How the Cordyceps Mushroom in a-Drenal® Can Help Balance Your Thyroid

Whether you have an underactive thyroid (hypothyroidism) or an overactive thyroid (hyperthyroidism), you need to support the synthesis, metabolism, and conversion of your thyroid hormones.

That’s why RLC Labs developed a-Drenal® – a supplement that contains cordyceps sinensis mushroom extract.

The cordyceps mushroom – which is synthesized from a fungus after it parasitically usurps a silkworm’s proteins – has been used in Traditional Chinese Medicine for hundreds of years. In the last couple of decades, international clinical trials have scientifically demonstrated why.

The isolated polysaccharide CFSP-1 found in cordyceps helps promote: anti-inflammatory, antioxidant, antimicrobial, blood sugar-regulating, cholesterol-regulating, as well as immune-balancing effects.1 These potent mushrooms have been proven to modulate the immune system when it’s overactive, while fortifying defenses when it truly is under attack.2

To prevent attacks on your thyroid balance, invest in a-Drenal® – a natural supplement that works synergistically with your hormone replacement medication. If you want to know how to mitigate stress-induced symptoms like low energy, add a-Drenal® to your arsenal.

It’s already helped thousands of thyroid-challenged patients, who describe cordyceps benefits HERE. Join them. Start supporting your thyroid treatment today.

Cordyceps mushroom functions

Your adrenals are intimately connected with the production and metabolism of thyroid hormones thyroxine (T4) and triiodothyronine (T3). Studies have demonstrated that the cordyceps mushroom improves adrenal function, which supports the optimization of these thyroid hormone levels3.

Cordyceps has also been shown to help us utilize oxygen more efficiently, boosting cellular energy – in the form of ATP (adenosine tri-phosphate) – and combating adrenal fatigue4.

Numerous studies have demonstrated the regulatory function of cordyceps sinenesis on heart rhythm irregularities like cardiac arrhythmias and chronic heart failure5.

Decades worth of data has confirmed that cordyceps sinensis biochemically induces6:

  • production of cytokines – proteins and peptides that send signals to enable cells to communicate with one another
  • mobilization of lymphocytes and monocytes – powerful fighters of alien invaders
  • reduction of thyroid antibody levels
  • regulation of anti-inflammatory immune cells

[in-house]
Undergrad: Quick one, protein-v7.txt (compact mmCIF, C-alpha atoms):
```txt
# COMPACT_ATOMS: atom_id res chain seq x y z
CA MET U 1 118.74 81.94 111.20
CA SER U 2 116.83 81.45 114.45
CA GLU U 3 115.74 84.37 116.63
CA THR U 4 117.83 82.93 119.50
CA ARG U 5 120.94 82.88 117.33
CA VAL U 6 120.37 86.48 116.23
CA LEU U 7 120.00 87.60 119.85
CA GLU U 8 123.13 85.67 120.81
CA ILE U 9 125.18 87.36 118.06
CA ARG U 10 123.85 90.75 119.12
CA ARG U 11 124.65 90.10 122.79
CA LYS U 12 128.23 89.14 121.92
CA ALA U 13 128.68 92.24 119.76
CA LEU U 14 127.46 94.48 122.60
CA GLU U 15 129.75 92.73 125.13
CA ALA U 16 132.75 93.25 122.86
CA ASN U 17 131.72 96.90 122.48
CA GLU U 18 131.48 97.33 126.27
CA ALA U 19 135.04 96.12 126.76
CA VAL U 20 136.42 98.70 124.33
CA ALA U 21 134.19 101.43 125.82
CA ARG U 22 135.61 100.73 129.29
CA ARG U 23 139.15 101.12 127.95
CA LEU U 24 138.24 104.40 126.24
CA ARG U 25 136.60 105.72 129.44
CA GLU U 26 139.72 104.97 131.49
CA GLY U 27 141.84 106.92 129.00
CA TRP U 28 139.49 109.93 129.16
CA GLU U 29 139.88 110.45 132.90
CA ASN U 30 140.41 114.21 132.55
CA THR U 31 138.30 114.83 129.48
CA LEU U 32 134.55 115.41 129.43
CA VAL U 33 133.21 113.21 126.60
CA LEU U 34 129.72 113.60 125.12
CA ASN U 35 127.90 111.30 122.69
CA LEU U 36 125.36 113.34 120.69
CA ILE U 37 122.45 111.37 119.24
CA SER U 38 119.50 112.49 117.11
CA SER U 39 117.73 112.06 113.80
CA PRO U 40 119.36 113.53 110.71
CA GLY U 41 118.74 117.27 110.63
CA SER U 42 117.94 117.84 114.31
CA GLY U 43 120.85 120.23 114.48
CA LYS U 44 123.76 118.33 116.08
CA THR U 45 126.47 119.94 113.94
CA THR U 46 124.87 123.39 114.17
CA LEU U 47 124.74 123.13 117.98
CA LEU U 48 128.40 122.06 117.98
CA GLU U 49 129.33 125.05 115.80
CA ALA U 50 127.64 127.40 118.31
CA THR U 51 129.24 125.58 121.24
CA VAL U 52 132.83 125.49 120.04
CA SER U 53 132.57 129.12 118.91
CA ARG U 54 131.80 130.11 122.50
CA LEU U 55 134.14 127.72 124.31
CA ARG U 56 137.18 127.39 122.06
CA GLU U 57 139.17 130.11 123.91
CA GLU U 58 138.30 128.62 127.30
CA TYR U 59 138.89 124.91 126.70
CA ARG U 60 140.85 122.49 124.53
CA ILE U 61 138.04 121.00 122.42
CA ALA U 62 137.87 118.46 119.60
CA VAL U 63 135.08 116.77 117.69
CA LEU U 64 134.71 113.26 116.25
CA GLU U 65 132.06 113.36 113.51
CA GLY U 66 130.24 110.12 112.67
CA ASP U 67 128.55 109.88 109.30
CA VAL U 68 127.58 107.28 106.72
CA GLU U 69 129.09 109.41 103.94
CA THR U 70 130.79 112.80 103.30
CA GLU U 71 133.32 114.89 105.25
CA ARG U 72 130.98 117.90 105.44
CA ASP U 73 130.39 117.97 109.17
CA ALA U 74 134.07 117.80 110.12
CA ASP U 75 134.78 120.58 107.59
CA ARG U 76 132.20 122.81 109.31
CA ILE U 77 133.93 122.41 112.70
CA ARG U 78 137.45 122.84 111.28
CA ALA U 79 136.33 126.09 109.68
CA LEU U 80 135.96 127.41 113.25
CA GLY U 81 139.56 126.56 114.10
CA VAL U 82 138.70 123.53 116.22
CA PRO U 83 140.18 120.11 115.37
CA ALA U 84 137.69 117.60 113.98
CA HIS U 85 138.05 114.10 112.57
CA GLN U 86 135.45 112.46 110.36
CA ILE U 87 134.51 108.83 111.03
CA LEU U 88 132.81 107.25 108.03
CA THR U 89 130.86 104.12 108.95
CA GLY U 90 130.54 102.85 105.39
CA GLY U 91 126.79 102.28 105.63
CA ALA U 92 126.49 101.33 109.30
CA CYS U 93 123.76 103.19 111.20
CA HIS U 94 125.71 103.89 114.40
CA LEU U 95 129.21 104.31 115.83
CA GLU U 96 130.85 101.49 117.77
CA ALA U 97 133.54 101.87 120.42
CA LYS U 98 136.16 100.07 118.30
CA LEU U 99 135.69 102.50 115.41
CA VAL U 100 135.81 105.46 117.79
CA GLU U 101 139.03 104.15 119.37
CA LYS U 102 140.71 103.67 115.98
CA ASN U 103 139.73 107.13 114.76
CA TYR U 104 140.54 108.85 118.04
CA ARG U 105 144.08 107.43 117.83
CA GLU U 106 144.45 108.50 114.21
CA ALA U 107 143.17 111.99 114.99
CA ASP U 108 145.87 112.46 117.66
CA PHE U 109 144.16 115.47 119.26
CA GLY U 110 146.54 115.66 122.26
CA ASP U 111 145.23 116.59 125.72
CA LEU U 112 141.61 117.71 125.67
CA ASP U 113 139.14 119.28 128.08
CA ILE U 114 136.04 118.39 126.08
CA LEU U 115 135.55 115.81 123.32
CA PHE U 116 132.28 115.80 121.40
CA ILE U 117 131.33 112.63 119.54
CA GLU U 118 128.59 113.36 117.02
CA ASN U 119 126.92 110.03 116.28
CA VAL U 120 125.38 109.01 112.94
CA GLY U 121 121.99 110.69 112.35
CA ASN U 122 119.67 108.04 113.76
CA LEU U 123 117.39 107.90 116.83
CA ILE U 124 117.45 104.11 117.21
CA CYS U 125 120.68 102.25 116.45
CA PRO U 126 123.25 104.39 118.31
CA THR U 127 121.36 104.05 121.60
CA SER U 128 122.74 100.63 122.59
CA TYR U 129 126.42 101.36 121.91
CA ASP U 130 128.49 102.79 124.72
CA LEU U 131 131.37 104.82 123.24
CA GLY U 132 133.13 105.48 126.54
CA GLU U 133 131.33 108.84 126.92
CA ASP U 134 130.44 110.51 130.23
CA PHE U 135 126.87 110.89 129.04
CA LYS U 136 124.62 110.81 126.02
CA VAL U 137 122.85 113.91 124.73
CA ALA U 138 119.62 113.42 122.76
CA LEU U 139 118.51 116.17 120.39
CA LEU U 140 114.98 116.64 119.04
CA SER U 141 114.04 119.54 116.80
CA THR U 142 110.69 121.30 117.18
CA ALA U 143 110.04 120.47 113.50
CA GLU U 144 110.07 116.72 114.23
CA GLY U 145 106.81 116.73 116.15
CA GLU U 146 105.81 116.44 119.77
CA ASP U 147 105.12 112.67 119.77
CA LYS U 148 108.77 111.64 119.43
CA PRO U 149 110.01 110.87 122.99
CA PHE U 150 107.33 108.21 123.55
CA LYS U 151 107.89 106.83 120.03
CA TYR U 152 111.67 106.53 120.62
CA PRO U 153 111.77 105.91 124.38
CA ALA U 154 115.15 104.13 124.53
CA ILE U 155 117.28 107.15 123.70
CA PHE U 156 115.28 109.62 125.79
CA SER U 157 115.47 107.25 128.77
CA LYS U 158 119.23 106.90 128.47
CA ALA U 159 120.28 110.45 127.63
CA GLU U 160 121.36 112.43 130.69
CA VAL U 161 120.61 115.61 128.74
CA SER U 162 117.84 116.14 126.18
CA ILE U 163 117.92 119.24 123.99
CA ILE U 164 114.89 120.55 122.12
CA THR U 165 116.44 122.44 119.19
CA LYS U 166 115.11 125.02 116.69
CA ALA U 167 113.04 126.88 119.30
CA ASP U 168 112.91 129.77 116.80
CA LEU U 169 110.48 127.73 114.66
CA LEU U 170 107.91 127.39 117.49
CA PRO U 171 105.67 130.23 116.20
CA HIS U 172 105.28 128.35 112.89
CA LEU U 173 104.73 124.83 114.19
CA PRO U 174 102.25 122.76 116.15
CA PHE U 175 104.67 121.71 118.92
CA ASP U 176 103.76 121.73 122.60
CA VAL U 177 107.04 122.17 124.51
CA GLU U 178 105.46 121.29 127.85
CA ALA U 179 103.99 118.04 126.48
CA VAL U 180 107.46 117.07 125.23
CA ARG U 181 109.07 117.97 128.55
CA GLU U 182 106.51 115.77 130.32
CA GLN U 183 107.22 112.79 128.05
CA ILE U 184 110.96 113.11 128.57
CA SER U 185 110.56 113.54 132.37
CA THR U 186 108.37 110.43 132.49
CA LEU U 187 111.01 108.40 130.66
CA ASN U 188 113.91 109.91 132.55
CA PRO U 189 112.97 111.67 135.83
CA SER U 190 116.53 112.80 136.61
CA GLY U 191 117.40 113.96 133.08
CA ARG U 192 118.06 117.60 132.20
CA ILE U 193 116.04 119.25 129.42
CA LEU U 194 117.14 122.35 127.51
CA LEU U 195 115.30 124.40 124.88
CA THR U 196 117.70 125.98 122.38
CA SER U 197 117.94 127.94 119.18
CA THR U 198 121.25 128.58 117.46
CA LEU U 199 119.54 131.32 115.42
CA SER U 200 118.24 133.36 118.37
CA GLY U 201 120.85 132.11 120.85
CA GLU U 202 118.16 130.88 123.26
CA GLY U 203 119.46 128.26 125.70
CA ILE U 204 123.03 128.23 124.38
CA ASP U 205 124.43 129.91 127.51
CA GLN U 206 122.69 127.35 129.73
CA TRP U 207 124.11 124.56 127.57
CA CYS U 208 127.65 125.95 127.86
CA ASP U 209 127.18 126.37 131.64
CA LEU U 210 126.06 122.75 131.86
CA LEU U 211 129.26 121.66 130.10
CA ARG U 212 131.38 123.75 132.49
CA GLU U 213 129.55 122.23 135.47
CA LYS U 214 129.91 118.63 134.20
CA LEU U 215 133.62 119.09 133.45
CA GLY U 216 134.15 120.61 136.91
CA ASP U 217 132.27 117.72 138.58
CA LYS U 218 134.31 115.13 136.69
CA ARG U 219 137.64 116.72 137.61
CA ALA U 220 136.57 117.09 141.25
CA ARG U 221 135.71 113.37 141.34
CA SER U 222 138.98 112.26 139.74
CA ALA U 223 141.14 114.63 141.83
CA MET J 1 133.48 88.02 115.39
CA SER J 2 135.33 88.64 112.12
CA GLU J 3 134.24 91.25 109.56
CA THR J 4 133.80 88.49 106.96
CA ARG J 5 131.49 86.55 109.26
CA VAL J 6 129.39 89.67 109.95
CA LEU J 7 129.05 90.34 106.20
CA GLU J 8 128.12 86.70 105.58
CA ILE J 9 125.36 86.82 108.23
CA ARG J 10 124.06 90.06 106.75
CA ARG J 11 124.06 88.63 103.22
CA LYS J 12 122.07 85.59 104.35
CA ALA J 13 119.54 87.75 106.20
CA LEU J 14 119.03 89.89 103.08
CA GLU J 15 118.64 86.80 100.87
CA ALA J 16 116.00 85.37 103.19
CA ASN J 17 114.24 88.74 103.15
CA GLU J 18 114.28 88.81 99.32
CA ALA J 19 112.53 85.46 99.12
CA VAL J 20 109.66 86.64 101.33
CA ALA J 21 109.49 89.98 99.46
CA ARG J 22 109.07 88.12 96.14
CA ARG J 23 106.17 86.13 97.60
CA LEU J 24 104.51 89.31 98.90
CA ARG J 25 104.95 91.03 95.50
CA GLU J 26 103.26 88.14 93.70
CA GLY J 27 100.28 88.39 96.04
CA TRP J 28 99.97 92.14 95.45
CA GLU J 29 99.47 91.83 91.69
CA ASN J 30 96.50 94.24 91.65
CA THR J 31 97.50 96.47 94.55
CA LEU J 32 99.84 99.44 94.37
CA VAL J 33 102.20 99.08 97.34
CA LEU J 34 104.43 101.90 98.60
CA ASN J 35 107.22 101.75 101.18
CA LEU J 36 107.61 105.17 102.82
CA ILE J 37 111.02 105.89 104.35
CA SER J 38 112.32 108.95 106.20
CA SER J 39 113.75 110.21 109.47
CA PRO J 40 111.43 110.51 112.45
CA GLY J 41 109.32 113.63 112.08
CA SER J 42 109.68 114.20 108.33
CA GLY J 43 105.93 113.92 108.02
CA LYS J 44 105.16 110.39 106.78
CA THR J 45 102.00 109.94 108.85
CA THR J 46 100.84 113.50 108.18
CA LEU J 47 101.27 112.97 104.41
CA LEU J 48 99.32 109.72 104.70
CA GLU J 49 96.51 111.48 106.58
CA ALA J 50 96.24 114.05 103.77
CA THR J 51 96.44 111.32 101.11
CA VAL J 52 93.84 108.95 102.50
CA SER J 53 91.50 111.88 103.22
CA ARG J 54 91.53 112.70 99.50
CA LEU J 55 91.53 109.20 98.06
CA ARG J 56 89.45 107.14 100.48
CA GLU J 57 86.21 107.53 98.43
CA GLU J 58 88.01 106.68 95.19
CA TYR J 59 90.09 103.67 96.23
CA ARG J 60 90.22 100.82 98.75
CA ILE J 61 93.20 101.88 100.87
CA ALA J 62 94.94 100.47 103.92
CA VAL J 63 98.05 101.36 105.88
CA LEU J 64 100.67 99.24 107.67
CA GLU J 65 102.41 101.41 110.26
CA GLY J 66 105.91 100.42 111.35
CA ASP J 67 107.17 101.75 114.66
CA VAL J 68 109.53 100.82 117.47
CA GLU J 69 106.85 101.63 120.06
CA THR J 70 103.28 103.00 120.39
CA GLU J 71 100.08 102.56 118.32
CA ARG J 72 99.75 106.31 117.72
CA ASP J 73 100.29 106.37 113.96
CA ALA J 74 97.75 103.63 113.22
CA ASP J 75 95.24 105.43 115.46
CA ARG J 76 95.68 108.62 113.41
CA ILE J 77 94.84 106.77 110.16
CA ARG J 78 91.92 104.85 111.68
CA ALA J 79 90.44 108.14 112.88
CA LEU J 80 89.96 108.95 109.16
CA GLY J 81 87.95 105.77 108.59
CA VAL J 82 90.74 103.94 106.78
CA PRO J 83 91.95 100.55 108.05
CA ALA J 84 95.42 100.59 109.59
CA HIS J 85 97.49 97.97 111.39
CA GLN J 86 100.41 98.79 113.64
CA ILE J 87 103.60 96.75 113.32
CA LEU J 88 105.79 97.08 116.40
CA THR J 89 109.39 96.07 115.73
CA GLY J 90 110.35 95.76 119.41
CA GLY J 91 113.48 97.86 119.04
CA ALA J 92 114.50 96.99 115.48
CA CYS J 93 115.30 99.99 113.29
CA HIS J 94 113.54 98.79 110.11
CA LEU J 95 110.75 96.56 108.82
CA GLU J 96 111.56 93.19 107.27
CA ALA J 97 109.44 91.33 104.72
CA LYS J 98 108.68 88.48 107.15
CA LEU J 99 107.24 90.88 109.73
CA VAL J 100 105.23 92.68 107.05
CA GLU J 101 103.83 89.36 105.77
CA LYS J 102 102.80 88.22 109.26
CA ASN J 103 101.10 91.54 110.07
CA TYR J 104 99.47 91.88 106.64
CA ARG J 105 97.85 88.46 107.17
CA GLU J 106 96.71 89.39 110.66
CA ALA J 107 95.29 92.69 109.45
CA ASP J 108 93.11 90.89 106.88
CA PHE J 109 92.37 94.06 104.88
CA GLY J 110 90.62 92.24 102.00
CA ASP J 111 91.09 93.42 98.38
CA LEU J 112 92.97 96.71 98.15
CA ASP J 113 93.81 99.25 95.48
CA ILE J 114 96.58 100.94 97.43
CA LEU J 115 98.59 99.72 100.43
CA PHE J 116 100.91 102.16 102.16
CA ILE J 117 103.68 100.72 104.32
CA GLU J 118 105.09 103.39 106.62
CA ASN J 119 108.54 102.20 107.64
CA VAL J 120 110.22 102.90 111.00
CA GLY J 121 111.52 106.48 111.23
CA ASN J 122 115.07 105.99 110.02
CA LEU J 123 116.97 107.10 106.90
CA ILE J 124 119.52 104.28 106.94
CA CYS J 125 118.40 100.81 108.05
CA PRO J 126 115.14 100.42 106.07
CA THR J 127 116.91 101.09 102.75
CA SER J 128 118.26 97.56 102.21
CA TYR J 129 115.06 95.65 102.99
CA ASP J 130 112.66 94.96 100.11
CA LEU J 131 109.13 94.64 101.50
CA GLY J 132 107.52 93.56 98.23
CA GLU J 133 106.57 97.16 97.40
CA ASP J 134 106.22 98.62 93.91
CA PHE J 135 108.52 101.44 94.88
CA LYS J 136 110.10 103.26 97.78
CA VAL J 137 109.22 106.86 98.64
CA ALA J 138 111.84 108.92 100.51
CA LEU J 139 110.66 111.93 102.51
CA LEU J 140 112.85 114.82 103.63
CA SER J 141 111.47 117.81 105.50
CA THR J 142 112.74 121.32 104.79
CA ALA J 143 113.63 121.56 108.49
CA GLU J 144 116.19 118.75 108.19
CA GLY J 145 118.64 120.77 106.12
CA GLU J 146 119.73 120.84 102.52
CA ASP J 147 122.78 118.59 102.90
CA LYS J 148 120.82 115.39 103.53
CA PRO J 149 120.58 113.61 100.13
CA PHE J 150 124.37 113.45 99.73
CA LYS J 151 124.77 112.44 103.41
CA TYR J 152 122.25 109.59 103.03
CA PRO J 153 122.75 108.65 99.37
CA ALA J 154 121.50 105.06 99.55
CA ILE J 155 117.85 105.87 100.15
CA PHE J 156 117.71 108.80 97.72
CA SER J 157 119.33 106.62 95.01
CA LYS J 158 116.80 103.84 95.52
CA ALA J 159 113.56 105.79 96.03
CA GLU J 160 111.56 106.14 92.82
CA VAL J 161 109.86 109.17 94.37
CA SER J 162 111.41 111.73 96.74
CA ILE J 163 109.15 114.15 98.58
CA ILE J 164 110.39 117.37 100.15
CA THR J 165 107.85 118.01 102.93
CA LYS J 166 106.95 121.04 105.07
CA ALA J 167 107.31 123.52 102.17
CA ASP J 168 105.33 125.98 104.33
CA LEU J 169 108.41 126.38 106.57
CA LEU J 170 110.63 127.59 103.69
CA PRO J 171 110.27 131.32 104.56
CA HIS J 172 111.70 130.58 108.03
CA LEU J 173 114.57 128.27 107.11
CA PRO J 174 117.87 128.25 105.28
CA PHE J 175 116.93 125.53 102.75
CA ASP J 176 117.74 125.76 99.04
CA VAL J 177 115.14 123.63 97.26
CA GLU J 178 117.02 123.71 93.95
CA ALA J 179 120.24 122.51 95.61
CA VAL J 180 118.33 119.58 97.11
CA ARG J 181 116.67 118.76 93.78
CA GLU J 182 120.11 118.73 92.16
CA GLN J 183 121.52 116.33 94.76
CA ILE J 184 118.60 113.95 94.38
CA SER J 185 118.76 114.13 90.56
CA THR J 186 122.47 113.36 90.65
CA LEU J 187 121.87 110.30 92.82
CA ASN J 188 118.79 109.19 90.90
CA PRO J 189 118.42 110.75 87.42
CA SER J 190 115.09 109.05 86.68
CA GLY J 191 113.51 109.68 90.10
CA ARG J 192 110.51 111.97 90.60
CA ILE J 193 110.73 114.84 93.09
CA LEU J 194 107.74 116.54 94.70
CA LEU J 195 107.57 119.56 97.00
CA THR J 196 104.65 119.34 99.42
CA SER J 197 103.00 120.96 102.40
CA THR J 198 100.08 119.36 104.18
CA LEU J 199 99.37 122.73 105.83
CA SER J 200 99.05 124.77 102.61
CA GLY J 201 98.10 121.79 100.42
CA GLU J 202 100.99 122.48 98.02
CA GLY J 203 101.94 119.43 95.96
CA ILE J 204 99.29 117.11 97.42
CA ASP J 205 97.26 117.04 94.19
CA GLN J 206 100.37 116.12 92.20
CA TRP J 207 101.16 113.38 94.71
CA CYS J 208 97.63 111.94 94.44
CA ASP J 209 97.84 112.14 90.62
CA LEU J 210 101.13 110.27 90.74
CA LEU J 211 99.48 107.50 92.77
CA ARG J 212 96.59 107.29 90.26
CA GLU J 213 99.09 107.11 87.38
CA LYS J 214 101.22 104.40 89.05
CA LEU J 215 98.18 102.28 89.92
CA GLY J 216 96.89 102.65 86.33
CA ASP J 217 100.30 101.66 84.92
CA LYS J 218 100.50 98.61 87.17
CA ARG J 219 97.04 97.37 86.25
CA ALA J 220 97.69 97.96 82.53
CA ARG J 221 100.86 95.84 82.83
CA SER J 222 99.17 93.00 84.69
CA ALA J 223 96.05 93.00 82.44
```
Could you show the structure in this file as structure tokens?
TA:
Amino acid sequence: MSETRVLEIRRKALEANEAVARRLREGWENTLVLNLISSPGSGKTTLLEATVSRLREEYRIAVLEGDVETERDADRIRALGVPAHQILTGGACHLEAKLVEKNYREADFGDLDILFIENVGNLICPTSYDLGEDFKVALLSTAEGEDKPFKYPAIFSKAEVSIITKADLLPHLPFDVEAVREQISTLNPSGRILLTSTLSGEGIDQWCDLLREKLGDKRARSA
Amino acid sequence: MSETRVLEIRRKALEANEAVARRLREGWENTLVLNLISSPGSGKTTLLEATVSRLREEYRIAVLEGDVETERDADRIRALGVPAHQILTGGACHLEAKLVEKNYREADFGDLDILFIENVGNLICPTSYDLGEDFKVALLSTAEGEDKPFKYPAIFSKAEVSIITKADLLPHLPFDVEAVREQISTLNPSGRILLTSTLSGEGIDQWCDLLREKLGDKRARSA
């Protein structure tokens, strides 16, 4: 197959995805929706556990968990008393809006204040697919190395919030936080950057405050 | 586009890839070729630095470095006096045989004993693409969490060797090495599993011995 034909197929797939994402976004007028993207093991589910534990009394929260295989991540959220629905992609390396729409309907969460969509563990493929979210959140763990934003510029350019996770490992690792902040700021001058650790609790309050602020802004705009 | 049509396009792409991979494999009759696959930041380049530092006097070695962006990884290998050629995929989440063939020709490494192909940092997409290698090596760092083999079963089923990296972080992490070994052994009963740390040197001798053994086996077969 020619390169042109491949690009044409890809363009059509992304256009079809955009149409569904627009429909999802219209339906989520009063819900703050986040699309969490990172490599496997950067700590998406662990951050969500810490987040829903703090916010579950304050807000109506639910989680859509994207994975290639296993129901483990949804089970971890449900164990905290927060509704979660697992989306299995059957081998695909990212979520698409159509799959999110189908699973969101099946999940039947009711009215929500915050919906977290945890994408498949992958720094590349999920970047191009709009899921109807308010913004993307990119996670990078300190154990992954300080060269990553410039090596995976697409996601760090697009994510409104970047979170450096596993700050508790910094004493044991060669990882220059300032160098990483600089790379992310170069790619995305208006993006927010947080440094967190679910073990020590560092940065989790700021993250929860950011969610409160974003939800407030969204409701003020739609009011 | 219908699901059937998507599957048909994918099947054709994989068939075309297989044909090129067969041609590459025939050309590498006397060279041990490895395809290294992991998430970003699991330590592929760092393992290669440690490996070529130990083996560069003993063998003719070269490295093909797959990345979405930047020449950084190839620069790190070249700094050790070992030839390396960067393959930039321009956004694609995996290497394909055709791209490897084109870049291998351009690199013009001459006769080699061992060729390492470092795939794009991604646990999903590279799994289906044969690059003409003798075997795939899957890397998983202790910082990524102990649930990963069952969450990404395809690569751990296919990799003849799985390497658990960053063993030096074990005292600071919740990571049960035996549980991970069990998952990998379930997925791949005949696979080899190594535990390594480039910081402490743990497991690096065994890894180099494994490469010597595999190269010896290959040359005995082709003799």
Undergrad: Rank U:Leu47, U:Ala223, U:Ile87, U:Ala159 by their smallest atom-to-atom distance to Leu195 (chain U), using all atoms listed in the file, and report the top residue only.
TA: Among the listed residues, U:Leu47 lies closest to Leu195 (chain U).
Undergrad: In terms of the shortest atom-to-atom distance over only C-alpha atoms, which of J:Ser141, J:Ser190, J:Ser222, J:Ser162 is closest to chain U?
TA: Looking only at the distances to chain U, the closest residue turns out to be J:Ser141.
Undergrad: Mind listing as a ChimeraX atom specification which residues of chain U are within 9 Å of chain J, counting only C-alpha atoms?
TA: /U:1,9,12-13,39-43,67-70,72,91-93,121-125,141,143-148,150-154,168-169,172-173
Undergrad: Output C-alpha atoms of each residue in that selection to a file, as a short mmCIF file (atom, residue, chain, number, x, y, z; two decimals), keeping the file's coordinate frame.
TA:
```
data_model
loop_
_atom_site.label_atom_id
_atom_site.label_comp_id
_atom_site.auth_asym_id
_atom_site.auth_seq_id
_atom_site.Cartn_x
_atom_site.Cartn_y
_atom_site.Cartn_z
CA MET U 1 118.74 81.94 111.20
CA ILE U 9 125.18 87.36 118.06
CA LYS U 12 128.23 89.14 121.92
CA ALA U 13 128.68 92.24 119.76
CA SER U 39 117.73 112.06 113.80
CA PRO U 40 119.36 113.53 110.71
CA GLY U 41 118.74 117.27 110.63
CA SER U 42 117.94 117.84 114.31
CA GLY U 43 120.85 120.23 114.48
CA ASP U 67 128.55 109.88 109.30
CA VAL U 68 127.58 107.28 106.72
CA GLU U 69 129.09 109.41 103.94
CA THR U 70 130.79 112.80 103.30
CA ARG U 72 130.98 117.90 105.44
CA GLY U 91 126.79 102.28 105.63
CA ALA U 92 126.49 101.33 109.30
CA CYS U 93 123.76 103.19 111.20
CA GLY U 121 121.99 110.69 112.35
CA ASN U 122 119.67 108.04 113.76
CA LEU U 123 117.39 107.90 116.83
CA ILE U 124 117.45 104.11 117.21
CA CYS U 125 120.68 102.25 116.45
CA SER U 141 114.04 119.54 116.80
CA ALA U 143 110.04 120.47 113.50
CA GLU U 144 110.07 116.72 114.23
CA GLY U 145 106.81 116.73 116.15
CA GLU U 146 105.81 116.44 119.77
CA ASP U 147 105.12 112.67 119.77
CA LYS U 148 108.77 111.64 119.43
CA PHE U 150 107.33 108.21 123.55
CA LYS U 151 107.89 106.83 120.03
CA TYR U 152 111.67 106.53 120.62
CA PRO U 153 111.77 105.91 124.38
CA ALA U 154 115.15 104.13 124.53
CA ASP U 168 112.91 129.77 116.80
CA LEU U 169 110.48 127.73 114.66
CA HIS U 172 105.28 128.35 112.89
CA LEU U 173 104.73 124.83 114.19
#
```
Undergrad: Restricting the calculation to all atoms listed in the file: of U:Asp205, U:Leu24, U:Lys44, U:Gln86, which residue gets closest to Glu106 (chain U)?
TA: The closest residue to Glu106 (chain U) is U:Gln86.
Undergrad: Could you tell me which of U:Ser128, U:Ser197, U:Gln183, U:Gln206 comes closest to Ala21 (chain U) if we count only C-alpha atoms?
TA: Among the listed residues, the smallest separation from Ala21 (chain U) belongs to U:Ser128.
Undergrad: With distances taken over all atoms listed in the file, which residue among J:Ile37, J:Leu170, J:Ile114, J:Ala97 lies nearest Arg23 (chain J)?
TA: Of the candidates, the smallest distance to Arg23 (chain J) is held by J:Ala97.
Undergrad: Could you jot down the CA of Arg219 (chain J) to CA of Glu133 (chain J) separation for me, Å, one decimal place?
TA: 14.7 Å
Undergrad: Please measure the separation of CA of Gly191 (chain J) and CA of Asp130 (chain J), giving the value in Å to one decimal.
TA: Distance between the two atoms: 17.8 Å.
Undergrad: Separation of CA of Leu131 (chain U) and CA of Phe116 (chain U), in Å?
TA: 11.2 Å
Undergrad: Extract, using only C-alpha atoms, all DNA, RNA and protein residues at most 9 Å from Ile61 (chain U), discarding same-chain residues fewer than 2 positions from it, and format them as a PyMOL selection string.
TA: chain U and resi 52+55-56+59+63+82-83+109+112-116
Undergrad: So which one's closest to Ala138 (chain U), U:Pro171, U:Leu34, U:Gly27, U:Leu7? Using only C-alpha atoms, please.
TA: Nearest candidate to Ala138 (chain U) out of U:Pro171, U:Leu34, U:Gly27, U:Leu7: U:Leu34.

This diverse list of functions addresses symptoms of both hypothyroidism and hyperthyroidism, and shows that cordyceps are a powerful regulator of blood sugar, appetite, and libido.

Your thyroid care

a-Drenal® was designed to provide lasting symptom relief alone or in conjunction with i-Throid®.

Nurture your adrenal glands, rebalance your thyroid hormone levels, and return to your routines and passions with revived energy and focus.


1.Geng P, Siu KC, Wang Z, Wu JY. Antifatigue Functions and Mechanisms of Edible and Medicinal Mushrooms. Biomed Res Int. 2017;2017:9648496. doi:10.1155/2017/9648496

2. Alena G. Guggenheim, ND, Kirsten M. Wright, BS, and Heather L. Zwickey, PhD. Immune Modulation From Five Major Mushrooms: Application to Integrative Oncology. Integr Med (Encinitas). 2014 Feb; 13(1): 32–44.

3. He T, Zhao R, Lu Y, Li W, Hou X, Sun Y, Dong M, Chen L Dual-Directional Immunomodulatory Effects of Corbrin Capsule on Autoimmune Thyroid Diseases. Evid Based Complement Alternat Med. 2016;2016:1360386. Epub 2016 Sep 18.

4. Tuli HS, Sandhu SS, Sharma AK. Pharmacological and therapeutic potential of Cordyceps with special reference to Cordycepin. 3 Biotech. 2014;4(1):1–12. doi:10.1007/s13205-013-0121-9

5. Mei QB, Tao JY, Gao SB, et al. [Antiarrhythmic effects of cordyceps sinensis (Berk.) Sacc] [in Chinese]. Zhongguo Zhong Yao Za Zhi. 1989 Oct;14(10):616-18, 640. [PMID: 2597326]

6. Cheung JK1, Li J, Cheung AW, Zhu Y, Zheng KY, Bi CW, Duan R, Choi RC, Lau DT, Dong TT, Lau BW, Tsim KW. Cordysinocan, a polysaccharide isolated from cultured Cordyceps, activates immune responses in cultured T-lymphocytes and macrophages: signaling cascade and induction of cytokines. J Ethnopharmacol. 2009 Jul 6;124(1):61-8. doi: 10.1016/j.jep.2009.04.010. Epub 2009 Apr 11.